Kent State UP 2006
Date finished: 2014-07-18
Any famous crime that remains unsolved becomes a tantalizing puzzle to solve: the Ripper crimes, Lizzie Borden's murder. (Even solved crimes, like the Lindbergh baby or the JFK assassination, can spawn lively arguments.) The author wrote a 1966 book that argued the Ripper was probably a worker in one of the many slaughterhouses not far from Whitechapel, but this book is a survey of the field and not so much of the original crime. The murders and contemporary investigations are described in the book's 24-page prologue, and then we're off down the road, from 1890s speculations about an American killer, mid-century arguments about a Russian or Polish doctor, FBI profiling suggesting the killer lived in the area and was lower-class, and the 1970s eccentric theories that drag in the royal family and most of the historical figures of the area. (Even Sir Arthur Conan Doyle has been suggested as a suspect.) Odell tries to play fair with all of the various proposals and is not settling any personal scores with opponents, though it's clear when he thinks a theory is weak or an artifact is forged. My only disappointment is that despite having the word 'literary' in the subtitle, this book doesn't discuss the Ripper's portrayal in fiction or film at all; that would surely be enough material for another book of similar length.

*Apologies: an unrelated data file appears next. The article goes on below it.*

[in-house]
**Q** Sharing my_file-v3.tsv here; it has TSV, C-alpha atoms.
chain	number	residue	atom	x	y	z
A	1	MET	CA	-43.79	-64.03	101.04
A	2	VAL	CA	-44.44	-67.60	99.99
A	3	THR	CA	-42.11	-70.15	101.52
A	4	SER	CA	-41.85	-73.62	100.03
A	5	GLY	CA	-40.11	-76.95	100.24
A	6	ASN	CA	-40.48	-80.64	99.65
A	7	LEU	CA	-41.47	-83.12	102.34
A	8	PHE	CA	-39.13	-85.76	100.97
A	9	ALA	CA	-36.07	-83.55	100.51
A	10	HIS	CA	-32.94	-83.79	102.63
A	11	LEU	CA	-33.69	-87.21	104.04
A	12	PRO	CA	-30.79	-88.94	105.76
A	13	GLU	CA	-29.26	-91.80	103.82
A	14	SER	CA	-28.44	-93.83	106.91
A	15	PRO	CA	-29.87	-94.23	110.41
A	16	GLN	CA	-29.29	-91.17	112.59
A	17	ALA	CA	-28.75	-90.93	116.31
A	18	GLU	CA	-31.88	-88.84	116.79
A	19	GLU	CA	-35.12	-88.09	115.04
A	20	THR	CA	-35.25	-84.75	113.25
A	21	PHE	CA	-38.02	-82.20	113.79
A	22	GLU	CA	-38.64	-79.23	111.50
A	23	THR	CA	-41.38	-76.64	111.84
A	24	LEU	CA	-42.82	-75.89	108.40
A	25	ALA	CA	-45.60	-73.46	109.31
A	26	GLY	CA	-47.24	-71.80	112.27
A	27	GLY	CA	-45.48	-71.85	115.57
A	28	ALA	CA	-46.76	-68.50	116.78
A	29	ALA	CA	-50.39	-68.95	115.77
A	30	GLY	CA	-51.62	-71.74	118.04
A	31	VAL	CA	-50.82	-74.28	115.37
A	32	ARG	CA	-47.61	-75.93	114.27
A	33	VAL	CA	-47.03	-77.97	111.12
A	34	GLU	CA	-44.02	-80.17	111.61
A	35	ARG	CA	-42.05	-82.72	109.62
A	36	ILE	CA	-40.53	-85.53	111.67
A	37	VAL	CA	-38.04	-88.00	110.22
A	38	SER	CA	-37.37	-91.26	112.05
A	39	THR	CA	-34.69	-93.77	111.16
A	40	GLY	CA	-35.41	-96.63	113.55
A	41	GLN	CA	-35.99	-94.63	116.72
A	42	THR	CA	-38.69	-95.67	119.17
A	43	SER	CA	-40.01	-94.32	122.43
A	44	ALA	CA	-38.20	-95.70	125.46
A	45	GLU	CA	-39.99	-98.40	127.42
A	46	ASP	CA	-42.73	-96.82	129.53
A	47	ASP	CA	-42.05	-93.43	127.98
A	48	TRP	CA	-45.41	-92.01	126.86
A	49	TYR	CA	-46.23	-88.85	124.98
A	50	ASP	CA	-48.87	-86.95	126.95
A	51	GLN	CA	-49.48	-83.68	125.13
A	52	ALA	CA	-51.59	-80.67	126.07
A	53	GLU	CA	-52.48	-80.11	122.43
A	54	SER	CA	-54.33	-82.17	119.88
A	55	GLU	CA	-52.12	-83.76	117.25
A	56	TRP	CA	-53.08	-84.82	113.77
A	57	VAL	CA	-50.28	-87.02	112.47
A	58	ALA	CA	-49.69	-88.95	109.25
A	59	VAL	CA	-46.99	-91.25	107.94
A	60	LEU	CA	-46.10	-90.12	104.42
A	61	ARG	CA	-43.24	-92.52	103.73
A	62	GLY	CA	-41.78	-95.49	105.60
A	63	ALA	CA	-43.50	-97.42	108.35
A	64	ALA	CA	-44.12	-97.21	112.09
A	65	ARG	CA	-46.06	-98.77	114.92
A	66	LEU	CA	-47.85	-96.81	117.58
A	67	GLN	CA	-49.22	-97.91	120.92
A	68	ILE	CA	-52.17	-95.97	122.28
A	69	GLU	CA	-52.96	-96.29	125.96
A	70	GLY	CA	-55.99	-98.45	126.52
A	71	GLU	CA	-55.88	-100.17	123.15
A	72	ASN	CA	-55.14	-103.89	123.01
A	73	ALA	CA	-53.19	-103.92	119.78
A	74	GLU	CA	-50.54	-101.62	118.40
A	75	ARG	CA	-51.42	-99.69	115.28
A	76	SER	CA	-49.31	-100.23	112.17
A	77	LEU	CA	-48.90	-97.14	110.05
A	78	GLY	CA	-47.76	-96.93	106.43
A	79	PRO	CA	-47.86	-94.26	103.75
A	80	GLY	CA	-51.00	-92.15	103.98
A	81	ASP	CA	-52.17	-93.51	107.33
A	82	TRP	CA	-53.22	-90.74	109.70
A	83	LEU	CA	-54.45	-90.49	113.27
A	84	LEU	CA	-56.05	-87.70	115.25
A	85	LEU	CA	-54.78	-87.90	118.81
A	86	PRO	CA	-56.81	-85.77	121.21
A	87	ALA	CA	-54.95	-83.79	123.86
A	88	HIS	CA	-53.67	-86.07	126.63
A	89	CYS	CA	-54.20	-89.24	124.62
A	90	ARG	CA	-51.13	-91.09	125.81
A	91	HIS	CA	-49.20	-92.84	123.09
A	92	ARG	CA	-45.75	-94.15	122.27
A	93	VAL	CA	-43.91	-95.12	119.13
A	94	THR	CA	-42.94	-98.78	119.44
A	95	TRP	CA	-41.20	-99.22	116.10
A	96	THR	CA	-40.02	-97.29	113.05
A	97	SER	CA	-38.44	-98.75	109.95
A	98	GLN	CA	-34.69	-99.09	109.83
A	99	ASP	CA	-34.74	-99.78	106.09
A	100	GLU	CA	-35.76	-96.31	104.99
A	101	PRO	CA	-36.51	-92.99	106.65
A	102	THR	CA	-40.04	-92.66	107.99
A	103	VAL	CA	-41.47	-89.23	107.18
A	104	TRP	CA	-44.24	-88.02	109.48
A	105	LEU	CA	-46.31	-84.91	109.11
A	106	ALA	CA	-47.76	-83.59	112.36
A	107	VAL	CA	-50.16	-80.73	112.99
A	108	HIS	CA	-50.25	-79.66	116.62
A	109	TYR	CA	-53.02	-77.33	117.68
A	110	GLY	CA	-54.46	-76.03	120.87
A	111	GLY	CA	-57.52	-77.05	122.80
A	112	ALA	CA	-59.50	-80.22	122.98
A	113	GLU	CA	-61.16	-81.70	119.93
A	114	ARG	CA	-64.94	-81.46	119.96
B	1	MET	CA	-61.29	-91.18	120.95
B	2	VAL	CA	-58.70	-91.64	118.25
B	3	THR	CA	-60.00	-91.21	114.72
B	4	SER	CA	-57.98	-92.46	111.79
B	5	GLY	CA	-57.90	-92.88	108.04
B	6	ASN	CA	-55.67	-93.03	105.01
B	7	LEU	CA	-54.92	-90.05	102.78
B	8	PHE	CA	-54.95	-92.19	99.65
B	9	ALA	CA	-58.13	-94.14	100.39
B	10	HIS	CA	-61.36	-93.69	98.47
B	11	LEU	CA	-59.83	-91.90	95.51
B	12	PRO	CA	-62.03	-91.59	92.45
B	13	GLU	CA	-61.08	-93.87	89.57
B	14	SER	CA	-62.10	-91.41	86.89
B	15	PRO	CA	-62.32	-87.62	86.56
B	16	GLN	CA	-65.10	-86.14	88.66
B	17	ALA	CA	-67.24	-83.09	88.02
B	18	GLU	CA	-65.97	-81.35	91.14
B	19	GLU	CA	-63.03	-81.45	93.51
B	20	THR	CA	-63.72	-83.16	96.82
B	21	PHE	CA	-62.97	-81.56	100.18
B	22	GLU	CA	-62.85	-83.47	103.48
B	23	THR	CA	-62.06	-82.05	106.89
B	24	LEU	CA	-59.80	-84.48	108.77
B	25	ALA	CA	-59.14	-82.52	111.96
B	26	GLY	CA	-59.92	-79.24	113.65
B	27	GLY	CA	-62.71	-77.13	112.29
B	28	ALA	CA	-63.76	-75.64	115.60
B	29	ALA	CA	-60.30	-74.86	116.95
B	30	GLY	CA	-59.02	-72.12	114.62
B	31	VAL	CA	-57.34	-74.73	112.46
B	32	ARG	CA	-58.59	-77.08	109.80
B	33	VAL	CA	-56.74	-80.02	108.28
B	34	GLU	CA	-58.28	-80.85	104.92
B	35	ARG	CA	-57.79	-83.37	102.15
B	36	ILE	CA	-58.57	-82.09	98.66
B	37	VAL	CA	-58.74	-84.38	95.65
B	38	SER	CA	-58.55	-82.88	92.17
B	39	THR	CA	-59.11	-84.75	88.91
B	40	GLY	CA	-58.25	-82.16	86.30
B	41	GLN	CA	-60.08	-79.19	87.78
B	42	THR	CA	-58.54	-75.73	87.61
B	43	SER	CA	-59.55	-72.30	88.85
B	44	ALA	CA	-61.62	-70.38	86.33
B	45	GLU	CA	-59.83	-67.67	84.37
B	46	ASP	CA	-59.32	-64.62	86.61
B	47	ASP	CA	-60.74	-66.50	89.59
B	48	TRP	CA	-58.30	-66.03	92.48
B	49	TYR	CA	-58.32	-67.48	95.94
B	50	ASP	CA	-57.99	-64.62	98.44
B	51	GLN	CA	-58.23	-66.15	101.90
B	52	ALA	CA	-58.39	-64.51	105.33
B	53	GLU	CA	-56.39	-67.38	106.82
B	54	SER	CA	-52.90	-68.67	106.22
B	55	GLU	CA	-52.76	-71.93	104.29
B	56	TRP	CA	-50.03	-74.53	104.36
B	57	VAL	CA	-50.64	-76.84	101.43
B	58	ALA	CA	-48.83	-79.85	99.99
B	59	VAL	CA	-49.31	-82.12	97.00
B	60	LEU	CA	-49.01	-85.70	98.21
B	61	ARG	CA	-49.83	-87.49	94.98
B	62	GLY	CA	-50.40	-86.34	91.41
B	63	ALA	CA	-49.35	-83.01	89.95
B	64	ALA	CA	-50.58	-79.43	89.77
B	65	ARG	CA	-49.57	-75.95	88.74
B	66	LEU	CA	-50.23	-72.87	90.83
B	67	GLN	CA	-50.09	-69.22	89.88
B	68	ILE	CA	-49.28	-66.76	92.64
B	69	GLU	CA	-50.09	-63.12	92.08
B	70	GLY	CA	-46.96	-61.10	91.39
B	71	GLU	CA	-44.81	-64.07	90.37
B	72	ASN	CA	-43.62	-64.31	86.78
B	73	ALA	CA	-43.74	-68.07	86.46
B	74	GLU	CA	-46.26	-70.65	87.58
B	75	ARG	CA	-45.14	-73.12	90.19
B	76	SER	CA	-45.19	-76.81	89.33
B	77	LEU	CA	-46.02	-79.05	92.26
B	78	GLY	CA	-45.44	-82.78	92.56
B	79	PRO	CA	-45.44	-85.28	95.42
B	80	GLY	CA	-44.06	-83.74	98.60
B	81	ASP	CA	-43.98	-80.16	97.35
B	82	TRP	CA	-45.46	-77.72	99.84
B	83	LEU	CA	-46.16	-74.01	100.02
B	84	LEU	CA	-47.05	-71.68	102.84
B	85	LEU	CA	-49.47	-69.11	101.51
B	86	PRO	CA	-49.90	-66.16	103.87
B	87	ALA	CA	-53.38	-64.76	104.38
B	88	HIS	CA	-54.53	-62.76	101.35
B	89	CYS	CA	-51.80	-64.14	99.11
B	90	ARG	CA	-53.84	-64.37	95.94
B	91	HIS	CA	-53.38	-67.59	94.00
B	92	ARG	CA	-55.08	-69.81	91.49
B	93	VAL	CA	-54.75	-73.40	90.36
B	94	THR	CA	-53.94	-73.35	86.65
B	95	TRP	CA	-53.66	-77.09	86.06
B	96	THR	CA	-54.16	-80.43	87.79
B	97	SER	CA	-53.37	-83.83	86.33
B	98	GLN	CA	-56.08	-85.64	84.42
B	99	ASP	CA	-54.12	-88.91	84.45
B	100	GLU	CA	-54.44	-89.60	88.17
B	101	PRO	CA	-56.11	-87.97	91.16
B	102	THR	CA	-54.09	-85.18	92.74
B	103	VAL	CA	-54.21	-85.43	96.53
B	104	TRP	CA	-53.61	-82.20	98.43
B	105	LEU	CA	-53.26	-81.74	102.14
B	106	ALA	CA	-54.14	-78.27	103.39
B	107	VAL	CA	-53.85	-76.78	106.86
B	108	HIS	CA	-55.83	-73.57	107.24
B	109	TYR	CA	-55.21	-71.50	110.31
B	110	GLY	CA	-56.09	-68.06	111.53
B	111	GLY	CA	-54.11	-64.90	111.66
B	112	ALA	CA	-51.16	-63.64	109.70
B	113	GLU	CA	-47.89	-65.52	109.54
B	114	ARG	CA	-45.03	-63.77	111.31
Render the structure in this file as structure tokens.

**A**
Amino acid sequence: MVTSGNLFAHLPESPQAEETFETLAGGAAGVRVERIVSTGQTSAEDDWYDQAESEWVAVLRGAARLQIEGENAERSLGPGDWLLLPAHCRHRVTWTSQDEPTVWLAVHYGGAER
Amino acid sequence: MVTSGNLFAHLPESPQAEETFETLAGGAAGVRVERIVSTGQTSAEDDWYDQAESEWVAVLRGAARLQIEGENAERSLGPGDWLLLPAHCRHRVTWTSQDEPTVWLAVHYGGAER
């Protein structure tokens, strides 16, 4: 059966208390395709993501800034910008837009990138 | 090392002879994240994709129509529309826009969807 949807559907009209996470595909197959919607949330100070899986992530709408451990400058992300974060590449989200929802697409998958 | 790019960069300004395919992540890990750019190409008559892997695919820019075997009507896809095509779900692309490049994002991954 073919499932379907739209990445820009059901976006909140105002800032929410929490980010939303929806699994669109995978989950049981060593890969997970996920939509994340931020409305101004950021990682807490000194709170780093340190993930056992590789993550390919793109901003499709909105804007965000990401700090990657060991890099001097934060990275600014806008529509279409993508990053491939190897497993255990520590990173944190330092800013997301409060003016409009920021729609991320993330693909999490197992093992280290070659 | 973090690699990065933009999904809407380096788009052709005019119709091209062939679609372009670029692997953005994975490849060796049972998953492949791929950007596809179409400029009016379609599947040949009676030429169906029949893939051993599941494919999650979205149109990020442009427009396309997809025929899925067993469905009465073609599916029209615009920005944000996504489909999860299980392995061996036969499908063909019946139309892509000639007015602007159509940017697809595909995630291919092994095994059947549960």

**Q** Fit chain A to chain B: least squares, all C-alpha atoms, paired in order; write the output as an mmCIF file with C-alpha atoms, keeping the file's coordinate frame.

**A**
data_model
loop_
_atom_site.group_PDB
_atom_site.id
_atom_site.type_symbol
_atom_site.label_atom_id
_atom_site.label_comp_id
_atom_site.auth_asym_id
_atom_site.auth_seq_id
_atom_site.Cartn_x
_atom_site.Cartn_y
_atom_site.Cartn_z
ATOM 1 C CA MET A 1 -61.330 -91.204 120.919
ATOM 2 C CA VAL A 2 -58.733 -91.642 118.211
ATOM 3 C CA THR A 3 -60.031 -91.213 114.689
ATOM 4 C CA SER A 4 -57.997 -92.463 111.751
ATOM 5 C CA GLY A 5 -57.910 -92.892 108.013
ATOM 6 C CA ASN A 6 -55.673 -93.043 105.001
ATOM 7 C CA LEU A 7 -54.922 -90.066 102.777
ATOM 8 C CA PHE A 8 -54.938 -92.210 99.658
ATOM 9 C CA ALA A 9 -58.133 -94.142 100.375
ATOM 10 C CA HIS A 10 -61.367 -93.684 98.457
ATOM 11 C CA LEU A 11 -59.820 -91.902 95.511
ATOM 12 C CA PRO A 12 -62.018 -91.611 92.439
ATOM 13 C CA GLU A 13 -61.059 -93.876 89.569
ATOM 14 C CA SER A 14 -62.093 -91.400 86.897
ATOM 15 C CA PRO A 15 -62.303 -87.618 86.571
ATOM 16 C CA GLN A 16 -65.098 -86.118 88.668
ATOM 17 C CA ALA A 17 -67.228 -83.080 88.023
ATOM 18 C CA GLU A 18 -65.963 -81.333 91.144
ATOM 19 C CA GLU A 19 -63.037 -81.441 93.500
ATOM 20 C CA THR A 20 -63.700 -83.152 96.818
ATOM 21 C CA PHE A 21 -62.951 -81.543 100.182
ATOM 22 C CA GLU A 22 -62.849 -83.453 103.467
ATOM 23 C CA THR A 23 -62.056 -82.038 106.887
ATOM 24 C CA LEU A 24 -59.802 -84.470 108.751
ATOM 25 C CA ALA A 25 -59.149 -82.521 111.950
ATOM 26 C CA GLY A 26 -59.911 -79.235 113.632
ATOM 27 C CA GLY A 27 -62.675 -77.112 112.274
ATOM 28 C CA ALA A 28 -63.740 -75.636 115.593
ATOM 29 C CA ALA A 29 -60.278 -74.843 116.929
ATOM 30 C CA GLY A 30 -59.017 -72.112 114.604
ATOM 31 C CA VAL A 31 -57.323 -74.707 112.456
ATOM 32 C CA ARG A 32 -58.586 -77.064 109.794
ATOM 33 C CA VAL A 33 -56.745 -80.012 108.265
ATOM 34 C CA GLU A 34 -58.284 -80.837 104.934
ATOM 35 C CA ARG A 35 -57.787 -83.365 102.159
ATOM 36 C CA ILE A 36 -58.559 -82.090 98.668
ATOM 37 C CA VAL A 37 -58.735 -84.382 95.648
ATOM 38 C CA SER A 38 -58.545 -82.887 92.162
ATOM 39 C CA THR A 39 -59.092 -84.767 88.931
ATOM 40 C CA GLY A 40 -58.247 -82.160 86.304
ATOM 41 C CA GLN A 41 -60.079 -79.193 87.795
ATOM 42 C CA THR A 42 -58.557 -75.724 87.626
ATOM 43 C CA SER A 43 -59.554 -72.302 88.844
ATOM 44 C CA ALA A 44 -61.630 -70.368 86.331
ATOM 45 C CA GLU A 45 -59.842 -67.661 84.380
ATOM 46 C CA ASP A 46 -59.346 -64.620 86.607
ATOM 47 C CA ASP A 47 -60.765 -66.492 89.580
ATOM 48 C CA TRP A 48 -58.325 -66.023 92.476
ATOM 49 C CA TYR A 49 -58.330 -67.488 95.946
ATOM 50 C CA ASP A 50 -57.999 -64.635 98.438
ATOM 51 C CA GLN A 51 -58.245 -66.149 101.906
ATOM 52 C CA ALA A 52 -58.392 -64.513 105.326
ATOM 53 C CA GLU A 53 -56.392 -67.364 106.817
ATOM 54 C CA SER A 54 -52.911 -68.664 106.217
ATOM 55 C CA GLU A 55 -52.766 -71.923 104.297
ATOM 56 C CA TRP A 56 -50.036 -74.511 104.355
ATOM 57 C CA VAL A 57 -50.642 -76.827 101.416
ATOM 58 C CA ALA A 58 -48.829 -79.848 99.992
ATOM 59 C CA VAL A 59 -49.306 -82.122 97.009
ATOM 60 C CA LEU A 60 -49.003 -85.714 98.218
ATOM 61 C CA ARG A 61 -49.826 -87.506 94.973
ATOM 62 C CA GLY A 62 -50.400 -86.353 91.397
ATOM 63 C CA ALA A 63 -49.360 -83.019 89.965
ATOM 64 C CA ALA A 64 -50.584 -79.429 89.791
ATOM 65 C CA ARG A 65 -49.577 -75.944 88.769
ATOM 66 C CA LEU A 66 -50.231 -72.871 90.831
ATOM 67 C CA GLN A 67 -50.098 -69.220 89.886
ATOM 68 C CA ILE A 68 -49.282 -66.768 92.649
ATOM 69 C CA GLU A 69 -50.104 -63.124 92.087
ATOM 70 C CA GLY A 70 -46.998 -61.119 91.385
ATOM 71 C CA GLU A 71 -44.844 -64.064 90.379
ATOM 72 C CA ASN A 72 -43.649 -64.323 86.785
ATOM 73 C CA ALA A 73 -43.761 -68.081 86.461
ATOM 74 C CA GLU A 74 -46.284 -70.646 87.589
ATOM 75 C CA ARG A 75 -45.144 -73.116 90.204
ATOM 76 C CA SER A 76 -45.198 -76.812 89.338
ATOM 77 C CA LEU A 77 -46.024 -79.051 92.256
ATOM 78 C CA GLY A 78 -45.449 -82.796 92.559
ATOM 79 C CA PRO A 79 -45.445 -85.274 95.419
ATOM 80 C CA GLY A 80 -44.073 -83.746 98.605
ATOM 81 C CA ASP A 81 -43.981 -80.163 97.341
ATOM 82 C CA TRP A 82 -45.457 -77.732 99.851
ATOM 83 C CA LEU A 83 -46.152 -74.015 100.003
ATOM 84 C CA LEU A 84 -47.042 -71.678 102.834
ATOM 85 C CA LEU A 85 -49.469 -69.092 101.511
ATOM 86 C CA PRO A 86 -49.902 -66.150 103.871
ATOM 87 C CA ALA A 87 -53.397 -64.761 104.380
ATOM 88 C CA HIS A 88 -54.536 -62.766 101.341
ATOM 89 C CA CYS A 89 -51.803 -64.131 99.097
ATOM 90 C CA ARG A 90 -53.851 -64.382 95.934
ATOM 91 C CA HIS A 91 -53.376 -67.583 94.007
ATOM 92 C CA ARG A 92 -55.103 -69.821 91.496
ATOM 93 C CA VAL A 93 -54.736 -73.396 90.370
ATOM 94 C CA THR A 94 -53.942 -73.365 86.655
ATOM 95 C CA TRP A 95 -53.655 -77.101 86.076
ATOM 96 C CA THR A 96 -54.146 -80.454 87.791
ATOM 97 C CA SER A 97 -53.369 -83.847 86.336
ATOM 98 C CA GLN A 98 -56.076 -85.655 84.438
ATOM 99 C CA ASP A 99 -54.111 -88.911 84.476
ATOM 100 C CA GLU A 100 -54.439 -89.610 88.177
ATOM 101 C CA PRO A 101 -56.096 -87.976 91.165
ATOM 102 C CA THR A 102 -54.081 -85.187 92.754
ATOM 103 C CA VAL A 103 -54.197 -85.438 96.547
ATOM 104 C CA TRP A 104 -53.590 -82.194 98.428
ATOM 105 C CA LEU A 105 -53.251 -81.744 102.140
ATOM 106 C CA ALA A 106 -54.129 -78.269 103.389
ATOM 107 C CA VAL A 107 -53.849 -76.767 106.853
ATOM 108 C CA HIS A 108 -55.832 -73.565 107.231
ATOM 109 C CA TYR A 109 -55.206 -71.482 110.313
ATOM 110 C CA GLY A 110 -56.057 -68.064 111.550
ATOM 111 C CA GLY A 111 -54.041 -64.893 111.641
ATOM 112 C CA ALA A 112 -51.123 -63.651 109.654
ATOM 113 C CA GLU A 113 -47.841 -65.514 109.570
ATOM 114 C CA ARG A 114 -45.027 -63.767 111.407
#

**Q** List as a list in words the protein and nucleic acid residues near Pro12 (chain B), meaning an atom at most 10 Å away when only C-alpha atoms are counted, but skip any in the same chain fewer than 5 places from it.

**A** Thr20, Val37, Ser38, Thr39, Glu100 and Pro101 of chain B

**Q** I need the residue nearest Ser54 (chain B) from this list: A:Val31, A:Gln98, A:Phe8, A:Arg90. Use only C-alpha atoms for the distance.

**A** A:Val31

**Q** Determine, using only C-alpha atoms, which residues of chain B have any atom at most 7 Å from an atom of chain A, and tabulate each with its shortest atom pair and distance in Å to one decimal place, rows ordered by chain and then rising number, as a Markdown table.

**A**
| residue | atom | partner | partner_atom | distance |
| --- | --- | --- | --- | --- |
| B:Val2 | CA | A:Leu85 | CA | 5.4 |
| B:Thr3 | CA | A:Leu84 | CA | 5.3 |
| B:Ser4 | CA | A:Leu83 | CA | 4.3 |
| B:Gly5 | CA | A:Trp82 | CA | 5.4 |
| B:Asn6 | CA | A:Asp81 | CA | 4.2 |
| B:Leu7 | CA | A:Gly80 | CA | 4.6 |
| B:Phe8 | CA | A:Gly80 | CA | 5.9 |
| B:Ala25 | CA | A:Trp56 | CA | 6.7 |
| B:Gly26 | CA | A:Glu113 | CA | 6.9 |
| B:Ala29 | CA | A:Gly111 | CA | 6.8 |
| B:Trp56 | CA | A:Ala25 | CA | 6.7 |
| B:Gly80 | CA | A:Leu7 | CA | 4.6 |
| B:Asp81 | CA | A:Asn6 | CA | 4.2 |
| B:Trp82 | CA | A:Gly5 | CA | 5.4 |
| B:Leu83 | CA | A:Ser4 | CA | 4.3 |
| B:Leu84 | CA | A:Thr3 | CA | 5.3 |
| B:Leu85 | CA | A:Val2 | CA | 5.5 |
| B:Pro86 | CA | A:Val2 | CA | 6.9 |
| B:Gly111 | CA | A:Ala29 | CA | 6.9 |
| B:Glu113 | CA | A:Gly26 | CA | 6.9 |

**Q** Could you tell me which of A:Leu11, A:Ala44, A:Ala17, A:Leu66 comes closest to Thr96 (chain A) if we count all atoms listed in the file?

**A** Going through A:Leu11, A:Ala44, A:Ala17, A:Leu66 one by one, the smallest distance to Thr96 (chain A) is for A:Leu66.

Tagged: true crime
%T Ripperology %S A Study of the World's First Serial Killer and a Literary Phenomenon %A Odell, Robin %K true crime %G ISBN 978-0-87338-861-0 %I Kent State UP %C Kent, Ohio %P 258pp %D 2006 %@ 2014-07-18 %* *